The gay marriage opposition led by the National Organization for Marriage (NOM) believe that the best course of action in derailing same-sex weddings is to mobilize like-minded detractors, fund expensive ad campaigns, and fight like hell to get the issue on the ballot -- here in Washington and across the country.
Here, NOM vows to spend $250,000 to punish the four state Senate Republicans -- Joe Fain of Auburn, Andy Hill of Redmond, Steve Litzow of Mercer Island and Cheryl Pflug of Maple Valley -- who crossed party lines to vote with Democrats in approving the bill earlier this week.
The Washington D-C.-based group also will assist in efforts to collect the needed 120,577 signatures by June 6 to get the measure -- all but a done deal in Olympia -- on the November ballot.
The Rev. Joe Fuiten, senior pastor of Cedar Park Assembly of God Church in Bothell, tells the Seattle Times that attorneys already are working to determine wording of the referendum.
"We are 100 percent sure there'll be a referendum, and there's a 99 percent chance we'll be successful in getting the signatures," Fuiten said.
At the same time, NOM intends to join the Washington campaign, notes the Times, "bringing an expertise and ability to coordinate grass-roots organizations -- some of the groups that two years ago tried unsuccessfully to repeal parts of the state's domestic partnership through Referendum 71.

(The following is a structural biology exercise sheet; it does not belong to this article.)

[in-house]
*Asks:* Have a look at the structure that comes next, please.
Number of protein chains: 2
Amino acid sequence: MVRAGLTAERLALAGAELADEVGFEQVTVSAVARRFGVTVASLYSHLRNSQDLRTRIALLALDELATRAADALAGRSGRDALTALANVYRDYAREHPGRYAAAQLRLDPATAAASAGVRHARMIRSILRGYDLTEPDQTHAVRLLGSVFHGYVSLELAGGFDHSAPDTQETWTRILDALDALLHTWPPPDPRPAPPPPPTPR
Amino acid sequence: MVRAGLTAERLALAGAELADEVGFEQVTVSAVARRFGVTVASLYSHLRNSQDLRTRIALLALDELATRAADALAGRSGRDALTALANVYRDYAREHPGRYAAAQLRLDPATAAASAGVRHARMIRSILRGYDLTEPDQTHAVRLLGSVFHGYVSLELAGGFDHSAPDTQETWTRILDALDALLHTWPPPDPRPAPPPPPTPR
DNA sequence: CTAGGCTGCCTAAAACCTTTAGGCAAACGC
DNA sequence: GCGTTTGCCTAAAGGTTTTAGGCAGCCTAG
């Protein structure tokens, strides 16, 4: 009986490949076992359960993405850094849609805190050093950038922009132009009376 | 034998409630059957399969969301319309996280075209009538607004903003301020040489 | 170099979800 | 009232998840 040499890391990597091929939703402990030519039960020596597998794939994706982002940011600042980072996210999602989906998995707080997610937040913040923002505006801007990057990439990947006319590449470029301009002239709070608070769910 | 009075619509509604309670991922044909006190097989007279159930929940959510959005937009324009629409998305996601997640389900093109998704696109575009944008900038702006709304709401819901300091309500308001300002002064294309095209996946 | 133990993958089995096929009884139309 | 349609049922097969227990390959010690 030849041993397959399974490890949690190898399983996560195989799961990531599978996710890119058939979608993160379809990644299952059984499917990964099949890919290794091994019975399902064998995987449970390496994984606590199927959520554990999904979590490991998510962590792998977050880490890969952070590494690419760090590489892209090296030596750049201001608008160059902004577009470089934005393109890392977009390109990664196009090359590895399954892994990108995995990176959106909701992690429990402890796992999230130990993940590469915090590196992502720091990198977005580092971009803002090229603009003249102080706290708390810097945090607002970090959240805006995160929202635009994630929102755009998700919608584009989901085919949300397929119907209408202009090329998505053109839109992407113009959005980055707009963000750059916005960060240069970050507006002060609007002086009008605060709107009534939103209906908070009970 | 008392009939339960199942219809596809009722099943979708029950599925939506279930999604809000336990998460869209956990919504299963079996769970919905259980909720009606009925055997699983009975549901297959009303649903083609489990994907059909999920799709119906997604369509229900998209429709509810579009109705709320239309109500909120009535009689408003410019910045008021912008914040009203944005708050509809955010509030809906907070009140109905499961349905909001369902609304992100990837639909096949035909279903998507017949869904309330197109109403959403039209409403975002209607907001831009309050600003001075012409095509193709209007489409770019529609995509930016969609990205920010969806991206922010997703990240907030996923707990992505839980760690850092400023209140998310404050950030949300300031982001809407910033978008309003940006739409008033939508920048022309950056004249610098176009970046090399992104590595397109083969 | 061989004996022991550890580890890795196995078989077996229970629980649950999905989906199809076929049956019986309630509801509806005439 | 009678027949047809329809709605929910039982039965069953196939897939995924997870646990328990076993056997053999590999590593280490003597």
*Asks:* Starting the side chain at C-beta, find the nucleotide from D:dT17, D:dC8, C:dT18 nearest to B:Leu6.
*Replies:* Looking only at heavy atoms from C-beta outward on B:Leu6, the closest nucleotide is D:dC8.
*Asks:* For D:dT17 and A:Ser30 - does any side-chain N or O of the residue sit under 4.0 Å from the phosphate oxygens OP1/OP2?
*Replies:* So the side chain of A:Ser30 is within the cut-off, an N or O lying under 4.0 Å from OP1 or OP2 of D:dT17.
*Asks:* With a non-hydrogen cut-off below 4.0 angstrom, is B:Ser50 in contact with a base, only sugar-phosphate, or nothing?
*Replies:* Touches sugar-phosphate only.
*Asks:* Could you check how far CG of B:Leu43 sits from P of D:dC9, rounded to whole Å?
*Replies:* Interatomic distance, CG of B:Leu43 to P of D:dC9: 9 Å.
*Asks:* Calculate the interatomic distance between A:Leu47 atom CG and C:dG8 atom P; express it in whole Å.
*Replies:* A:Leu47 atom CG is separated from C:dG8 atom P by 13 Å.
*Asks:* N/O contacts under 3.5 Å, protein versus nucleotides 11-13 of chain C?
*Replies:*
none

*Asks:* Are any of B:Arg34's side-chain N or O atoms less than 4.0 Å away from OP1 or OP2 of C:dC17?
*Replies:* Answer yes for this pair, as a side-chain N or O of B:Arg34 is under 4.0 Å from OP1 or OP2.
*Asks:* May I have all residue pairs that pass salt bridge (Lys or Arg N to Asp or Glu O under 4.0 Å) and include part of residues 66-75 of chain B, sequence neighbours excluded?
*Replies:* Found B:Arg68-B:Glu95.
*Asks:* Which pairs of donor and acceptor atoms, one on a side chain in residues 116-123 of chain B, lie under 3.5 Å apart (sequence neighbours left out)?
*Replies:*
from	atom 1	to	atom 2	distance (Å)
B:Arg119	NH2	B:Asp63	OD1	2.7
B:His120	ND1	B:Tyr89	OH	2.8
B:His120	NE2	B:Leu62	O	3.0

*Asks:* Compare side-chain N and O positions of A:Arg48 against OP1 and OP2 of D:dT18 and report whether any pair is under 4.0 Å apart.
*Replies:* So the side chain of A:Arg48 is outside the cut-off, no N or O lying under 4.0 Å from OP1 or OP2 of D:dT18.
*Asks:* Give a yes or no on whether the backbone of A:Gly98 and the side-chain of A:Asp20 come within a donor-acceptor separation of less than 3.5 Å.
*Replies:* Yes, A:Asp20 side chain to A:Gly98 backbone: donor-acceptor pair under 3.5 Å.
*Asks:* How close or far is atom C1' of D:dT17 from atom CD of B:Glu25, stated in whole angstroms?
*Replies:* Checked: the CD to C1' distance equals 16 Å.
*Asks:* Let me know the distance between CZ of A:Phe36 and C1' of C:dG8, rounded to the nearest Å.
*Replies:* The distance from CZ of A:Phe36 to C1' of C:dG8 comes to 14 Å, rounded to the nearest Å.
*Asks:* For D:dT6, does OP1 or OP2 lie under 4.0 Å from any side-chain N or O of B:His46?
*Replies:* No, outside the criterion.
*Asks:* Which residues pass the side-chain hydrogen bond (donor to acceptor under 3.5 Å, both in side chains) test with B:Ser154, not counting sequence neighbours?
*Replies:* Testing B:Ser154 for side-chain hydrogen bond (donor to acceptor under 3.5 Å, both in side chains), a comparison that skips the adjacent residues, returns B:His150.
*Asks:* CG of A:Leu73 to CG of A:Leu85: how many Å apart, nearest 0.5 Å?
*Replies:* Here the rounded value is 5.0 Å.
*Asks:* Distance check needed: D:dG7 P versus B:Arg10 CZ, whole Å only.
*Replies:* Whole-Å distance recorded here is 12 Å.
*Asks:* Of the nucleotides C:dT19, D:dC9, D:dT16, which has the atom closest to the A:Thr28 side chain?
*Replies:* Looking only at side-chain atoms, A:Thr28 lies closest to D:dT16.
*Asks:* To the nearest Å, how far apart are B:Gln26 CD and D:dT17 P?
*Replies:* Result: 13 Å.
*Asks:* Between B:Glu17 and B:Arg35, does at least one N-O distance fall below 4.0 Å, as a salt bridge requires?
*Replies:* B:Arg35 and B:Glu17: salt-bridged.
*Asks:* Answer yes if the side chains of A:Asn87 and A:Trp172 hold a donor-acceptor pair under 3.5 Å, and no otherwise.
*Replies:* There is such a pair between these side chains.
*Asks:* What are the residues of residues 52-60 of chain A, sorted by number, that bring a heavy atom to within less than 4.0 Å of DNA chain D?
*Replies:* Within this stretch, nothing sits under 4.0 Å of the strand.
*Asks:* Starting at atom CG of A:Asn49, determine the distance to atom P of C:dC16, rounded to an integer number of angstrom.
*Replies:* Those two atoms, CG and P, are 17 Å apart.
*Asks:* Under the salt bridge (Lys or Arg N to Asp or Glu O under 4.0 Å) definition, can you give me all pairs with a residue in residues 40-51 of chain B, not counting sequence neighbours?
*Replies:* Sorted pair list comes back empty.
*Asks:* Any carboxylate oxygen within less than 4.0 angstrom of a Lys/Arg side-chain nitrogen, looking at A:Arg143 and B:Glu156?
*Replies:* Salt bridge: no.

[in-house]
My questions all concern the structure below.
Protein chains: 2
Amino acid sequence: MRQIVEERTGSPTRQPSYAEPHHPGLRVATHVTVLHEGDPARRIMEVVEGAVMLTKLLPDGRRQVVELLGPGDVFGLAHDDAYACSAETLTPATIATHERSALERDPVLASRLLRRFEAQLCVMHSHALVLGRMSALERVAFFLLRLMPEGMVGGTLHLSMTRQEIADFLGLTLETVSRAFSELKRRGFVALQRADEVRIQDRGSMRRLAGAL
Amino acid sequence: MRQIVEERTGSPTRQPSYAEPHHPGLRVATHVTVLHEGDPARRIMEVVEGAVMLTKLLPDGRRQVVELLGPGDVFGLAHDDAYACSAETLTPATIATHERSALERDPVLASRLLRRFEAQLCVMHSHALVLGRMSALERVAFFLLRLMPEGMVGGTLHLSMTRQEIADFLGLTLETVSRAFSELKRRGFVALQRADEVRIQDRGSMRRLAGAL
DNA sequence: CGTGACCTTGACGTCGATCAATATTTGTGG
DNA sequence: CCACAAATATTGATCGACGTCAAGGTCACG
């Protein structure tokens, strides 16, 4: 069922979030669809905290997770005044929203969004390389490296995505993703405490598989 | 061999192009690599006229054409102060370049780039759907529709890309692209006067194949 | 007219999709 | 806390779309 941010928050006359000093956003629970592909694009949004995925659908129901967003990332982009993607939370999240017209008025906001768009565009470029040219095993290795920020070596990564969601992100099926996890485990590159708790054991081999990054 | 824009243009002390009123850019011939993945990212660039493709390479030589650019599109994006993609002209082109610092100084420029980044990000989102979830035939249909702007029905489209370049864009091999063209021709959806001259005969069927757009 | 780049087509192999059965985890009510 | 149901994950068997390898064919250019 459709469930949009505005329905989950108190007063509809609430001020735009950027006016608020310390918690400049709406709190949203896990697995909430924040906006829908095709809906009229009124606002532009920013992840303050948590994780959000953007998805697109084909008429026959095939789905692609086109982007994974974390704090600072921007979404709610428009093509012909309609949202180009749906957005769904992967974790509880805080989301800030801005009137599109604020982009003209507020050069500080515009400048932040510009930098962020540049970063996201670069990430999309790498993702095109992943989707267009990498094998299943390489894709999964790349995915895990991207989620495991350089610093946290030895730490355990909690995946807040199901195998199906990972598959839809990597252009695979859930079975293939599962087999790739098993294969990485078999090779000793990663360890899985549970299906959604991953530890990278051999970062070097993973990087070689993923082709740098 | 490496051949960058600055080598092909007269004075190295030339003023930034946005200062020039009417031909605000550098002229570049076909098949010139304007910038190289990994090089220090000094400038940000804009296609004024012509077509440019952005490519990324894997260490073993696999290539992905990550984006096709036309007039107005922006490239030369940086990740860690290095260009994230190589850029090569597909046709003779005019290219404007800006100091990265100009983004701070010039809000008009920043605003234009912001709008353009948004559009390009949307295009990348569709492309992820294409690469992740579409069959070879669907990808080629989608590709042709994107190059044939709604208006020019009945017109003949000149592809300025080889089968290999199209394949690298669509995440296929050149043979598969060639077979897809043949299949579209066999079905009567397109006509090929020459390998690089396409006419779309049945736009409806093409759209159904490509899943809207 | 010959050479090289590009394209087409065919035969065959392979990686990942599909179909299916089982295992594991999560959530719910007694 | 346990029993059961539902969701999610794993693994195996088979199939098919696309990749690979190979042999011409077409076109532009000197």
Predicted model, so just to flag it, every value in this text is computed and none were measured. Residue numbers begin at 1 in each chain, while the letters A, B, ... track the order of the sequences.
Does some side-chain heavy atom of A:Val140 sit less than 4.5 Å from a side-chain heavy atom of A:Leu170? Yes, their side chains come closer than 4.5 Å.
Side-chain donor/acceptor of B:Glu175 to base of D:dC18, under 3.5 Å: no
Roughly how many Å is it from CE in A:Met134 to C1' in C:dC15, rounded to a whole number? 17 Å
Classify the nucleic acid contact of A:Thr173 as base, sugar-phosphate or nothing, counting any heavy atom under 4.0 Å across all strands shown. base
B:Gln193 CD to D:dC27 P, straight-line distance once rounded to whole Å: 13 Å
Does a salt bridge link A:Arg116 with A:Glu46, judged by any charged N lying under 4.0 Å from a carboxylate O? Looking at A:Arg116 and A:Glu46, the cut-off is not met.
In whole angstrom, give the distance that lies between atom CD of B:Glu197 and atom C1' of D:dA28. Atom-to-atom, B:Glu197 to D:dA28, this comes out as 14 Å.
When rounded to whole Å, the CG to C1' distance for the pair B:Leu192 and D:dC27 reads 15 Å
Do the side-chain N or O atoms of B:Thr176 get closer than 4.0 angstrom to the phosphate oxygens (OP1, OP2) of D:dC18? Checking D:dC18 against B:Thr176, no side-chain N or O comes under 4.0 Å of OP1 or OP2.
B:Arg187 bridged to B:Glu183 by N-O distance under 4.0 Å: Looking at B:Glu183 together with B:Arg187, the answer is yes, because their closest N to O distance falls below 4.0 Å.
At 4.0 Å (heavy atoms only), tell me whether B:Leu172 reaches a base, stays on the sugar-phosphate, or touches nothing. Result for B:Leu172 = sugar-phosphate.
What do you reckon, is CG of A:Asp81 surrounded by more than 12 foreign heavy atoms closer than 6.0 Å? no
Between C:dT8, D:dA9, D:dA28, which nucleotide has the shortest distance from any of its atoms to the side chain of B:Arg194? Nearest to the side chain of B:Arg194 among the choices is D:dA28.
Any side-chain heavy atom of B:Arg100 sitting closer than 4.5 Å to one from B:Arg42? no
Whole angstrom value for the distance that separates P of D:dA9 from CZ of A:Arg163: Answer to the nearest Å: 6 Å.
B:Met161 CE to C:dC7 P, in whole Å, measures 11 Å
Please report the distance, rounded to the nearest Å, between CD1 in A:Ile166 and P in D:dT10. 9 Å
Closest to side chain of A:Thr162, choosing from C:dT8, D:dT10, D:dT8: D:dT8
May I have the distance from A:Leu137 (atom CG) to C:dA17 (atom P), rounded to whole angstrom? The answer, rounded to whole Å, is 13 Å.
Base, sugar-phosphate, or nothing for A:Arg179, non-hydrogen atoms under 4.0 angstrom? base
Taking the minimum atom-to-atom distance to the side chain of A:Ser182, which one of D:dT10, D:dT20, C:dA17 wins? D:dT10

Still, public support for gay marriage is steadily increasing, making the referendum process to thwart or overturn legislation a dicey proposition.
A 2011 national survey by the by the Pew Research Center for the People & the Press, among 1,504 adults, finds about as many adults now favor (45 percent) as oppose (46 percent) allowing gays and lesbians to marry legally.
Two years before, the survey showed that just 37 percent backed same-sex marriage while 5 percent were opposed. Opposition to same-sex marriage has declined by 19 percentage points since 1996, when 65 percent opposed same-sex marriage and only 27 percent were in favor.
Also, a March 2011 telephone-survey of 1,005 adults by ABC News and the Washington Post found that, for the first time, the majority of Americans favor same-sex marriage.
The showed that 53 percent of those polled supported same-sex marriage while 44 percent remained opposed; support was highest among younger Americans and lower among conservatives, Republicans, and evangelicals. Pollster Gary Langster describes this as a "milestone result that caps a dramatic, long-term shift in public attitudes."
Bottom line: The country's attitude toward gay marriage has grown far more liberal, and opponents seeking to draw up referendums to stop it have no more than a 50-50 chance -- at best. And those odds, as time goes on, are likely to increase.